Most blog platforms supply basic themes from which to choose. Many are customizable if you know a little HTML. If you know a lot of HTML and CSS, you can create your own theme. Search Google for themes designed for the platform you are using for additional options.

 

Hiring a theme designer might be your best bet, especially if you want to keep the look of your blog consistent with your main website.

 

Here are some theme resources for the photographer:
graphpaperpress.com — WordPress
www.madebymadeline.com — Blogger

 

The Details

After you select your blog theme you will have many choices related to blog functionality. Blog platforms and themes contain plug-ins, widgets, and options that may be turned on or off. Think about what you want your blog to do before you start adding blog functions. What is your goal or vision for your blog?

 

Do you want to display Twitter or Flickr feeds? Is SEO important? Do you want to capture e-mails? Display previous posts? There are many options available to benefit your blog. Some options are unnecessary for many blogs. Take time to read opinions and reviews about the options you are considering.

 

A site map plug-in and analytics tracking are highly recommended. You will want to make sure you use an anti-spam tool. Robots are sent around the web to post comments on unprotected blogs. Too many of these robot spam posts on your website can be harmful in the eyes of search engines and your readers. Even a simple CAPTCHA (Completely Automated Public Turing Test To Tell Computers and Humans Apart) is helpful.

 

Every blog should make it easy for readers to share your posts. Twitter, Facebook, and other social media buttons are important so visitors can deliver your posts to their favorite social media platform.

 

Run your blog through FeedBurner. This site is designed to help bloggers manage their RSS feed subscribers. Bloggers can keep track of how many subscribers they have. The system has promotional tools and easy-to-implement code that lets followers receive your blog via e-mail.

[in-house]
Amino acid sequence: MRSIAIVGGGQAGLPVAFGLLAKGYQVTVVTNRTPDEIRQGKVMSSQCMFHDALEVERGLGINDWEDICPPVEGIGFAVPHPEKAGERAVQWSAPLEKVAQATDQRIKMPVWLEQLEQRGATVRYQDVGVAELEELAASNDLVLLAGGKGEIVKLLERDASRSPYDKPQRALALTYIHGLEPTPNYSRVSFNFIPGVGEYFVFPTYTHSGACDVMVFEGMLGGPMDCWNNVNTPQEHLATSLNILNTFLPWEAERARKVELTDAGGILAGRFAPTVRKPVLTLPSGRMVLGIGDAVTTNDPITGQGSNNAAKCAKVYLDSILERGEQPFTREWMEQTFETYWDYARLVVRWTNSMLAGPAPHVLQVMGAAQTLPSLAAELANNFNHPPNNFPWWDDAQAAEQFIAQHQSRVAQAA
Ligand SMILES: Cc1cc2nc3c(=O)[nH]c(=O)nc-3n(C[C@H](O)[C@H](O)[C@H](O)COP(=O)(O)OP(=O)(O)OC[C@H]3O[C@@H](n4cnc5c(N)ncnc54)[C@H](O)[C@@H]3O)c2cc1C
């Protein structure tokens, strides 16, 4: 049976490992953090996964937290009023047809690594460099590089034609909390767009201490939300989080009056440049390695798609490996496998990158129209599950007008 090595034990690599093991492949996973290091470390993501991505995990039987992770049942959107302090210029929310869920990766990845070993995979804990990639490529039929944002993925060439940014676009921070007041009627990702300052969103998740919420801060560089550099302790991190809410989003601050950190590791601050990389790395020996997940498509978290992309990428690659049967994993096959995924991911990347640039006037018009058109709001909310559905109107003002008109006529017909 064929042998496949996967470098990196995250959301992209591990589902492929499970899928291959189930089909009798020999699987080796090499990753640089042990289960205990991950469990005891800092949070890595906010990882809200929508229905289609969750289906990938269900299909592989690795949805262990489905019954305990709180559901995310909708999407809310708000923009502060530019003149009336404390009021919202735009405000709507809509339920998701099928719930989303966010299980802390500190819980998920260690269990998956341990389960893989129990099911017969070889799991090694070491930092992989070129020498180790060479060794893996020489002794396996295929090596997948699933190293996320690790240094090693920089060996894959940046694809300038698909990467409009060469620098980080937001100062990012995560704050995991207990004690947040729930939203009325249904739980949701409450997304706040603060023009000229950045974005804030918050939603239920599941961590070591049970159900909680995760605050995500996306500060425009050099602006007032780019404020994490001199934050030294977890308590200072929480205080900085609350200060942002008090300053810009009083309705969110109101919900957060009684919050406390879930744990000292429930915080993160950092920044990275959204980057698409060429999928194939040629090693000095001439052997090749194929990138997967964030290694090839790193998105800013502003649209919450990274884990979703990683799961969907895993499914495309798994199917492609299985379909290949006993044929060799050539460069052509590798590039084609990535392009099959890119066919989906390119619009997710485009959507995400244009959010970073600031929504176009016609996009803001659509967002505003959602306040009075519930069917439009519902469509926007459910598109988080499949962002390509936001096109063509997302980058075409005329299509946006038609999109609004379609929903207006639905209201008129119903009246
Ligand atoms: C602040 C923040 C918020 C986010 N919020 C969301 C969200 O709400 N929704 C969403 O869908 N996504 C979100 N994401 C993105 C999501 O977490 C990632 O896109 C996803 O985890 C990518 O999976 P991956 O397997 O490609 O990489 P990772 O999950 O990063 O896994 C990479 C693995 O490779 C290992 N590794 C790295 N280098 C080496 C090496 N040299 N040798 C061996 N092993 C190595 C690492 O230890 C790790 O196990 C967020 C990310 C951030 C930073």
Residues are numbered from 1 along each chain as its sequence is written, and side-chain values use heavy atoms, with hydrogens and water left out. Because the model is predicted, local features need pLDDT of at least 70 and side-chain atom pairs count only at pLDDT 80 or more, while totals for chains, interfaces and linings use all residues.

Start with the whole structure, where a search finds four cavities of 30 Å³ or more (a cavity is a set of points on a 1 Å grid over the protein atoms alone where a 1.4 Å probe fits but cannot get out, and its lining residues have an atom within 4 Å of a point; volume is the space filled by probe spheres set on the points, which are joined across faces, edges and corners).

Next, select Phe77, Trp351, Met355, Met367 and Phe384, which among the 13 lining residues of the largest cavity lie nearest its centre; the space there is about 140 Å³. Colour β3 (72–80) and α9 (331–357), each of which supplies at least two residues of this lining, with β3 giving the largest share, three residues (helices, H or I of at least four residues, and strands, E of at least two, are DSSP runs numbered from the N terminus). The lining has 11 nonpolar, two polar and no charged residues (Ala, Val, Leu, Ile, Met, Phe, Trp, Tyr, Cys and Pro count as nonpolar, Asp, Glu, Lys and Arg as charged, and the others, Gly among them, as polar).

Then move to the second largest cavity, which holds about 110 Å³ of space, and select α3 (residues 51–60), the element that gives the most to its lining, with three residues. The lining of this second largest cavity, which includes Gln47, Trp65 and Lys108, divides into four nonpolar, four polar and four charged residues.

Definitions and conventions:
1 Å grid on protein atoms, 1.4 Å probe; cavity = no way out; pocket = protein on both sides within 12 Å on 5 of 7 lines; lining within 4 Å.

Every blog should have a comment policy. Make sure people are clear about what is acceptable language on your blog. If you plan on selling or endorsing products, the law requires you have a disclosure statement.

 

About you

Make sure you have a good about page. If your website is your online brochure, your blog is your personality. It requires an about page full of good information. Don’t skimp.

 

Make sure you post a recent photograph and easy ways, such as e-mail address and phone numbers, to contact you.

 

Your first blog post

An article written for your blog is called a post. The latest blog post is always displayed first or at the top of the web page. The best advice is to write your first blog post like it was your seventh. Skip the introduction to what you plan to do. Just do it by getting into the meat of your work, your ideas and your story.

 

The average blog post is between 200 and 500 words.

 

Make sure you tag everything. There is a difference between tags and categories. Categories are broader topics. A category might be food. A tag is like a key word. Key words or tags for a post about photographing a picnic might be: hot dog, grill, or potato salad. Use categories sparingly and tag everything you can think of related to your photographs and blog post.

 

Don’t be in too much of a hurry to hit the publish button.

 

Unless your blog post is breaking news, take the time to review, edit, and spell check everything. Consider asking family or friends to review your posts before they are published. Perfection is not necessary. The nice thing about the blogging platform is that if an error or typo is missed, it can be corrected easily.

 

Driving traffic to your blog

Good SEO is a natural benefit of blogging. Regularly updated, key word-rich information is like candy to search engine spiders. The more you blog and share high-quality information, the better the SEO results.

 

Create strong headlines with key words that make statements or ask questions. These attract readers. Learn from the pros and review magazine covers to see what the experts are doing to attract the reader’s attention.

 

A great way to develop readership to your blog is to become a regular part of a blogging community. Post comments on similar sites or industry-related blogs. Trade links with other bloggers. Ask to be a guest blogger.

 

Develop your blog roll, which is a list of links to other blogs you find valuable. Blog rolls are often found on the front page of a blog. Trade blog roll links with other bloggers.

 

Make sure your comments are turned on. Actively engage the people who take the time to read and share their thoughts on your blog. Every reader is important. Developing relationships helps to support loyalty.

 

Social media are helpful. Share your relevant posts on Facebook, Linkedin and Twitter. Make sure you share other people’s blog posts too. They will often return the favor.

 

Every blogger starts with the first post and zero readers. Blogging is not a sprint, it’s a marathon. It’s an endurance game. The more and longer you blog, the better the results and return on your time investment.

 

 

Next: Guide to Social Networking